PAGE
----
Websites used to be uglier than they are now. Sure, you can still find a few disasters, but back in the early days of the Web you’d have found blinking banners, spinning text, music backgrounds, and bizarre navigation themes. Practices evolve, and now there’s much less variation between professionally-designed sites.
In a mirror of the world of hypertext, the same thing is going to happen with voice user interfaces (or VUIs). As products like Google Home and Amazon Echo get more users, developing VUIs will become a big deal. We are also starting to see hacker projects that use VUIs either by leveraging the big guys, using local code on a Raspberry Pi, or even using dedicated speech hardware. So what are the best practices for a VUI? [Frederik Goossens] shares his thoughts on the subject in a recent post.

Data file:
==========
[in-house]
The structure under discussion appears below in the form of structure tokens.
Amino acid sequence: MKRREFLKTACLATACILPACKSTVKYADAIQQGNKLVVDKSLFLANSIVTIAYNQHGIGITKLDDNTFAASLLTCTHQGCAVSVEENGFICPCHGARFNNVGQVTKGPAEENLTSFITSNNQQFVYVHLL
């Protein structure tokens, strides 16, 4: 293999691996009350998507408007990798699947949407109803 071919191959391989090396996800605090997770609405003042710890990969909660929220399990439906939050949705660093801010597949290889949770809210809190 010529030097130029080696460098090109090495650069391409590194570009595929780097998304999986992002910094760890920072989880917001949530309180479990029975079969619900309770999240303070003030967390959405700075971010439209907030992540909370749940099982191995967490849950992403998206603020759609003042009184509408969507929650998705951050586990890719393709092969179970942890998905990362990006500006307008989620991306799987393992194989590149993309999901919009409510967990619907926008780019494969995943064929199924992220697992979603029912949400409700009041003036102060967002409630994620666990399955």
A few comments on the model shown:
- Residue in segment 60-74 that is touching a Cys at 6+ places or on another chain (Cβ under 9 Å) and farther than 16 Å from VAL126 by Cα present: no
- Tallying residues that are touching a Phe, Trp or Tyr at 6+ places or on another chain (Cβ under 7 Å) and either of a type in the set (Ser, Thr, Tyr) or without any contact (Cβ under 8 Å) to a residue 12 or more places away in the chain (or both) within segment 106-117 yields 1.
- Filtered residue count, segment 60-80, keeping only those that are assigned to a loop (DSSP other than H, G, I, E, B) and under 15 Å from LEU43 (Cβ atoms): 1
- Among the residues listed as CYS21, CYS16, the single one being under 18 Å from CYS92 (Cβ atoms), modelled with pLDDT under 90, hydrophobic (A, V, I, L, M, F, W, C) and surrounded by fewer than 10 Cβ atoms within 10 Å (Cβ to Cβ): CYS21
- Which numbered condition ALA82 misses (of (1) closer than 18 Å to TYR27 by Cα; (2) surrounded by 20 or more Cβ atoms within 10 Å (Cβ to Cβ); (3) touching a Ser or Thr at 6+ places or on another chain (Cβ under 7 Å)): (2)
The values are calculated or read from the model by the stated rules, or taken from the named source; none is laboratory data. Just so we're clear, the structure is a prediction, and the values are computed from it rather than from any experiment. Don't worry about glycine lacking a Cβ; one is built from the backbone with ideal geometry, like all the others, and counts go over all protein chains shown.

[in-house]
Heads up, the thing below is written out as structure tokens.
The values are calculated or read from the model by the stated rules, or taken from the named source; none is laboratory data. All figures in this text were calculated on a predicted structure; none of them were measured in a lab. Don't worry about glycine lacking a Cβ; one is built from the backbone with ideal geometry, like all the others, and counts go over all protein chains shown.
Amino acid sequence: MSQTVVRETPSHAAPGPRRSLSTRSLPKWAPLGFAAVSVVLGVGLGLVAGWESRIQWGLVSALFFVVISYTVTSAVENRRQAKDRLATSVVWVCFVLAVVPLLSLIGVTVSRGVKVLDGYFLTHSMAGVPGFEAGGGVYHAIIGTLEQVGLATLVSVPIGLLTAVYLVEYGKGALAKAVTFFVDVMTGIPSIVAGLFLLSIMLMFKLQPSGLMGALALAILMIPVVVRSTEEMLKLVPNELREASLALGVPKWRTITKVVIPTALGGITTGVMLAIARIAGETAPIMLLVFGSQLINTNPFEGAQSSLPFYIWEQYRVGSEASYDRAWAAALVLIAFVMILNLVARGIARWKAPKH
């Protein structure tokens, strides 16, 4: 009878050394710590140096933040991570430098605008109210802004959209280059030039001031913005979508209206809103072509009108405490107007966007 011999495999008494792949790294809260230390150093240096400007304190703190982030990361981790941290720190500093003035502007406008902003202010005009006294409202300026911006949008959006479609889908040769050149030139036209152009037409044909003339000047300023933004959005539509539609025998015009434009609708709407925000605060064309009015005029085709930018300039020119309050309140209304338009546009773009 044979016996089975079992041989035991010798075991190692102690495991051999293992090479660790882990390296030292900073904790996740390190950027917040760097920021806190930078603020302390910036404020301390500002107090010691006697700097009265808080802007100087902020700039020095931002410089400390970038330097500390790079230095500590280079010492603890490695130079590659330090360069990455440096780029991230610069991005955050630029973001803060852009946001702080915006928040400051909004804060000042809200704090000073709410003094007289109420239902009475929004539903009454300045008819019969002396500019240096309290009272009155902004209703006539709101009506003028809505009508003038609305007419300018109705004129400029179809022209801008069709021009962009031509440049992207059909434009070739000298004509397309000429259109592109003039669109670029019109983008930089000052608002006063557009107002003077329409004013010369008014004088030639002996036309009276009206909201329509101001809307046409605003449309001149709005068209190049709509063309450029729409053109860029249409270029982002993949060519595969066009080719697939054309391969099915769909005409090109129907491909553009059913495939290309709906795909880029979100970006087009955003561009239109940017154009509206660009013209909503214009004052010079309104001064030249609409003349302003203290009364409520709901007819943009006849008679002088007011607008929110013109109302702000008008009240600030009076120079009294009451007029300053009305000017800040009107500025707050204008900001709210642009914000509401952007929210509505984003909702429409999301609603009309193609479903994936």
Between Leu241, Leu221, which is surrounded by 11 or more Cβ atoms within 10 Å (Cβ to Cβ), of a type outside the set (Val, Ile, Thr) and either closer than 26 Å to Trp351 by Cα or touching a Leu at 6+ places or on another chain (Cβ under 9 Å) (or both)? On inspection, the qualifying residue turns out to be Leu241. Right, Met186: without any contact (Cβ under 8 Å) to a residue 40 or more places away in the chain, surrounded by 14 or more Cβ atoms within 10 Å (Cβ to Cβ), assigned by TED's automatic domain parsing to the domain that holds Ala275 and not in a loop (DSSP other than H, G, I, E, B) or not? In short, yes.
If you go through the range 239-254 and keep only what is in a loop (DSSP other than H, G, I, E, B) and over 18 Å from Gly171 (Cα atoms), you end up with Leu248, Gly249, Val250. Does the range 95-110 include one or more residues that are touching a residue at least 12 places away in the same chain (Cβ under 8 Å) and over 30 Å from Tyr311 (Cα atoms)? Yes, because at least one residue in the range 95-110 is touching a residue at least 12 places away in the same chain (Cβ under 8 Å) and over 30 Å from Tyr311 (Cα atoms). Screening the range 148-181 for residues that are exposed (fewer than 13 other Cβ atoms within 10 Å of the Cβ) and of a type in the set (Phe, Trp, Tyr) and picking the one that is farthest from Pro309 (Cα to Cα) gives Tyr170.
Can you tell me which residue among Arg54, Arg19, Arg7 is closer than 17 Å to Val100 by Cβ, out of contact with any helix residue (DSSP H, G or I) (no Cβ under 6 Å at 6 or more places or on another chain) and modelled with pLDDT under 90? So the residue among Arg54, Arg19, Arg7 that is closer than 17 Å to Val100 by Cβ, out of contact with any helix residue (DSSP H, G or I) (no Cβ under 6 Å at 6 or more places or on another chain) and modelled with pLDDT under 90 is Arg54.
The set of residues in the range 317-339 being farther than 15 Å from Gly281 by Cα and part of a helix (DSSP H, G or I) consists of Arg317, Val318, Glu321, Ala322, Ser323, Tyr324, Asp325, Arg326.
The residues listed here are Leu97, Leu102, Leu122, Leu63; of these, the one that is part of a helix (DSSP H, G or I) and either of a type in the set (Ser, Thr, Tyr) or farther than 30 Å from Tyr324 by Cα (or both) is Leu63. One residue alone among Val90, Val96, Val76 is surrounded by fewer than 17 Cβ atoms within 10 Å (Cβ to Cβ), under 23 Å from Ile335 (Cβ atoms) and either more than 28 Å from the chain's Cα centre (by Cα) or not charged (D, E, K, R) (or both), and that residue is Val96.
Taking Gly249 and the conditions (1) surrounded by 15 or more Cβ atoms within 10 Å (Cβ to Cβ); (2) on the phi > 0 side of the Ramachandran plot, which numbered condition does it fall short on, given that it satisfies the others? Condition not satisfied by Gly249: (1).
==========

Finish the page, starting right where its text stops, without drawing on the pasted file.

Truthfully, a lot of the design process [Frederik] suggests mimics conventional user interface design in defining the use case and mapping out the flow. However, there are some unique issues surrounding usable voice interactions.
In summary, the main points for a VUI are:
- Simple and conversational
- Confirm completion
- An error strategy
- Consider extra layers of security
You can find more details in the original post, which also covers some general advice about tools and design.
If you are looking for something a little more detailed, veteran voice developer [Jo Jaquinta] posted a video in the comments about his presentation on the same topic in Dublin, which you can see below. Meanwhile if you want to try your own voice development, we’ve seen that it is probably easier than you think. If you want to do it all locally, even an Arduino can hear what you have to say.